A woman has filmed herself crying in the plane’s toilet after battling illness during a 15-hour flight due to a ‘pastry mix’ that prompted Emirates to allegedly serve the ‘wrong’ cake cow horns for her.
Chloë Chapdelaine, 25, who has celiac disease, ordered a gluten-free in-flight meal before a recent 15-hour flight from Dubai to Los Angeles, California, on Monday, June 5.
Upon receiving her meal, the 25-year-old influencer was thrilled to receive a gluten-free continental breakfast, served on a tray labeled “gluten-free” an hour after her flight.
However, after eating half of the simple croissant provided with his meal, which didn’t have a gluten-free label, Chapdelaine decided to confirm with a flight attendant that it was indeed gluten-free. .
According to Chapdelaine, a flight attendant has finally confirmed it’s gluten-free, with footage dubbed “the worst flight of my life” showing the content creator inside a bathroom on the machine. bay explains what happened when she tried to make herself nauseous.
After an hour of vomiting, Chapdelaine said she spent the rest of the flight with nausea, severe stomach pain and diarrhea.
She also claimed she had itchy skin and said she would have to face the “mental consequences” of what happened in the weeks to come, which she said included brain fog and sensations. bored.
“When I was eating one of the croissants on the tray, I had a really bad feeling,” said the 25-year-old from Alberta, Canada, according to Kennedy News and Media. “It was delicious and I have never tasted such a delicious gluten free croissant before. “Then I questioned why they had such a good gluten-free label on a flight and this is where I questioned whether it was really gluten-free for a flight attendant. or not.”
According to Chapdelaine, the flight attendant “did pale” before checking to see if the pastry contained gluten. “She came back and told me it wasn’t on my plate and it wasn’t gluten-free,” Chapdelaine said, adding: “I was immediately shocked and started panicking. I’m very sensitive and my celiac will react to small amounts or cross-contamination.
“Knowing that I ate half a gluten-free croissant, which was quite a large amount and larger than I have ever reacted to in the past, I was really scared. I don’t know how I’m going to react.”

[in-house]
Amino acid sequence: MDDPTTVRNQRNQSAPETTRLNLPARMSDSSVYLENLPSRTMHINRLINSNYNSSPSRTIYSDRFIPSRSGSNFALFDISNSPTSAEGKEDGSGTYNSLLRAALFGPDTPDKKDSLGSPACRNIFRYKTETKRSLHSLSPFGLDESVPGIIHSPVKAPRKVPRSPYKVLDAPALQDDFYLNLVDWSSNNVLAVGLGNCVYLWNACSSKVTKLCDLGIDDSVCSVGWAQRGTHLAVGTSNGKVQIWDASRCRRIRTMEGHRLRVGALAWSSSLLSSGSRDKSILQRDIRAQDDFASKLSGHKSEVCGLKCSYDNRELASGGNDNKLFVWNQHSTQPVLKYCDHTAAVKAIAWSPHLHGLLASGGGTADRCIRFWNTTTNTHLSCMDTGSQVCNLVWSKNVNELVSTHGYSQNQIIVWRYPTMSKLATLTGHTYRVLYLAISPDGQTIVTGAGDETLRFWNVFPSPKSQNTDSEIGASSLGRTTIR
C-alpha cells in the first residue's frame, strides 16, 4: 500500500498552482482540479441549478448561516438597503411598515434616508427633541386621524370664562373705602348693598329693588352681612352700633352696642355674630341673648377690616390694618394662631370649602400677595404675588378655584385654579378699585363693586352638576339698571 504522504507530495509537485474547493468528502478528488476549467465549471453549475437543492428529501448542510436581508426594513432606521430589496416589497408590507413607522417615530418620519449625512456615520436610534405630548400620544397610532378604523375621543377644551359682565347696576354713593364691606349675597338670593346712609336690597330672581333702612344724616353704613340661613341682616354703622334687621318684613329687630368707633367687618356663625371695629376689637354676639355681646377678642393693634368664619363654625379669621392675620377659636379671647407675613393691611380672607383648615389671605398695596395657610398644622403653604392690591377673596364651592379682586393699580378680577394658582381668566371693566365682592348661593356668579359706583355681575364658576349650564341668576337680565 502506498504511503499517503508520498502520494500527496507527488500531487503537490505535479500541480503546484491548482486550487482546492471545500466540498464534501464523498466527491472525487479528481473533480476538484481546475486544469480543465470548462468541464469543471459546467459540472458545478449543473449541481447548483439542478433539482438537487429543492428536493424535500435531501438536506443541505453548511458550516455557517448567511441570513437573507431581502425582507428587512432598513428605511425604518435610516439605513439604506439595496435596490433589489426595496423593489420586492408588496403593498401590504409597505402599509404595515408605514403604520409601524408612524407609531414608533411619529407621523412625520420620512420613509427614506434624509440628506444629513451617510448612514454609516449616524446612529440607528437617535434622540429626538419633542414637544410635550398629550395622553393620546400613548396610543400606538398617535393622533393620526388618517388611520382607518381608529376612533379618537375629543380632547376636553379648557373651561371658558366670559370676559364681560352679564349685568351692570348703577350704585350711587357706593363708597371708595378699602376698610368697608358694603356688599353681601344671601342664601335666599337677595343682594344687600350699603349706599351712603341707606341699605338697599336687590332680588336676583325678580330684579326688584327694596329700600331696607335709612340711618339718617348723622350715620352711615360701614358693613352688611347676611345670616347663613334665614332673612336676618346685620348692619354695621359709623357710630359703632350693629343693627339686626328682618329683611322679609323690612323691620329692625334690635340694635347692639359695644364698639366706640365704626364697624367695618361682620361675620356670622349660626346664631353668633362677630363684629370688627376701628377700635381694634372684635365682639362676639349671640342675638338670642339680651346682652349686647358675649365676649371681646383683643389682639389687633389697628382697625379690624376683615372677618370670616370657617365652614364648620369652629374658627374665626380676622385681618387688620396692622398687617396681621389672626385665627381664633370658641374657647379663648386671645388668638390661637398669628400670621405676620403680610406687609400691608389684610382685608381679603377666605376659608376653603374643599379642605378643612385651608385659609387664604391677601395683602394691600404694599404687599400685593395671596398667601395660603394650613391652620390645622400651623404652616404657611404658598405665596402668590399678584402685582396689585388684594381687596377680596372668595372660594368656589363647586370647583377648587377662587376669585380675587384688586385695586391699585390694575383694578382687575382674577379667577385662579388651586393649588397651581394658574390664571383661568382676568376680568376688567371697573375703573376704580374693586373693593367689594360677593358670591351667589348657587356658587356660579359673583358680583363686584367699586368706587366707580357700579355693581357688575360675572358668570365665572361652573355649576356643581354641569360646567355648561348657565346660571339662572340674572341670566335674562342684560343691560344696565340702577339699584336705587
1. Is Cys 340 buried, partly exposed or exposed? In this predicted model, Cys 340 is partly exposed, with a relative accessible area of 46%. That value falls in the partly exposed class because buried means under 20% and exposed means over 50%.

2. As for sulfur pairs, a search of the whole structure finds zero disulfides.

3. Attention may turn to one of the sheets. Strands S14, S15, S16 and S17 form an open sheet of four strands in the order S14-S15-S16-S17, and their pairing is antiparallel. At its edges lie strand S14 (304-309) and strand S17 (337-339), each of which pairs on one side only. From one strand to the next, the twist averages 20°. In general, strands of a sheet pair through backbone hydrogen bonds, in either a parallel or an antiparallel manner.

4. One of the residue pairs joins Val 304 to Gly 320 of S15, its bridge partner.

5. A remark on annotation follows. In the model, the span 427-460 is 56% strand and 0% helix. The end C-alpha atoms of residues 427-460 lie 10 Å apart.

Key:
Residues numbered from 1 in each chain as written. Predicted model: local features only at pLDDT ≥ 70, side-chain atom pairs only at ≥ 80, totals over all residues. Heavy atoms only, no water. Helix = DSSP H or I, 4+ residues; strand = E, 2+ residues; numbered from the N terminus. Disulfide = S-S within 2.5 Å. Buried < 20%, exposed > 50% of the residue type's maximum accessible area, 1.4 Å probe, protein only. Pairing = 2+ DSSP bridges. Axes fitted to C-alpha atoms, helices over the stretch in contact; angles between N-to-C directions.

The traveler also noted that she’s not “sad” because she broke her gluten-free diet, but because she “knows that there will be a lot of symptoms that I might have to deal with the pair.” next pair. weeks or longer”.
“It was a moment of panic. I went to the toilet and made myself sick and stayed in it for about an hour, it was horrible,” she said of the actions she did after eating the croissant. “I knew if I didn’t do this my body would suffer more. I could feel the other symptoms start right away and it got worse from there.”
According to the 25-year-old girl, she was still starting to have symptoms. She explains: “I started having severe stomach ache, I had diarrhea, I felt nauseous and my skin started to itch – when I eat gluten, I get hives or a rash. “The initial symptoms for me were stomach problems but then rashes and hives.
“Then I have to deal with mental effects like brain fog or I get depressed for the next few weeks.”
Following his body’s response to croissants, Chapdelaine shared a clip on TikTok to show the dire impact of eating gluten on someone with celiac disease.
Chapdelaine said she hasn’t eaten gluten in the nearly nine years since being diagnosed with celiac disease, but this isn’t the first time she’s had a problem on a flight.
“For me, this isn’t the first time I’ve been exposed to gluten on an airplane,” she said. “Fortunately, I would have realized it before eating it last time, but otherwise, I would have eaten it and the same thing would have happened. It’s not a one-time thing and it happens on half of the flights I’ve taken – I travel all the time – the gluten-free meals are forgotten.”
From her experience, many people are also “quick to question why people with celiac disease don’t bring their own food on board,” Chapdelaine said.
In response, she explained: “First of all, this isn’t always possible because when you’re traveling and staying in a hotel room, you don’t have a kitchen to do so. Also, a lot of border security doesn’t allow you to bring food across the border. In many cases, you can’t bring meat, dairy or seeds or nuts, which removes a lot of product and makes it very difficult for me to bring my own food on board.”
The Canadian also said airlines need to take her allergies and intolerances on flights more seriously, and believes that if she had a nut allergy the situation would be different.
“I feel like celiac disease is not taken seriously [as nut allergies] sometimes,” she says, adding that she believes “people with allergies or food sensitivities deserve to live safely and be valued in their health and not always.” So”.
“I just hope airlines take allergies or medical conditions particularly seriously when serving food to passengers on board because it can have long-term effects for many people,” she continued. .
As for the airline’s response, Chapdelaine said Emirates flight attendants sympathized with her, but after filing a formal complaint, she has yet to receive a response from the airline.
An Emirates spokesman said: “We are disappointed to hear Ms Chapdelaine’s complaint. Emirates aims to cater to all of the specific needs of its passengers by offering a number of special meals that meet as many medical, dietary and religious requirements as possible.
“The safety and health of our customers is taken very seriously. Ms Chapdelaine has contacted our Customer Relations team and we are investigating the matter.”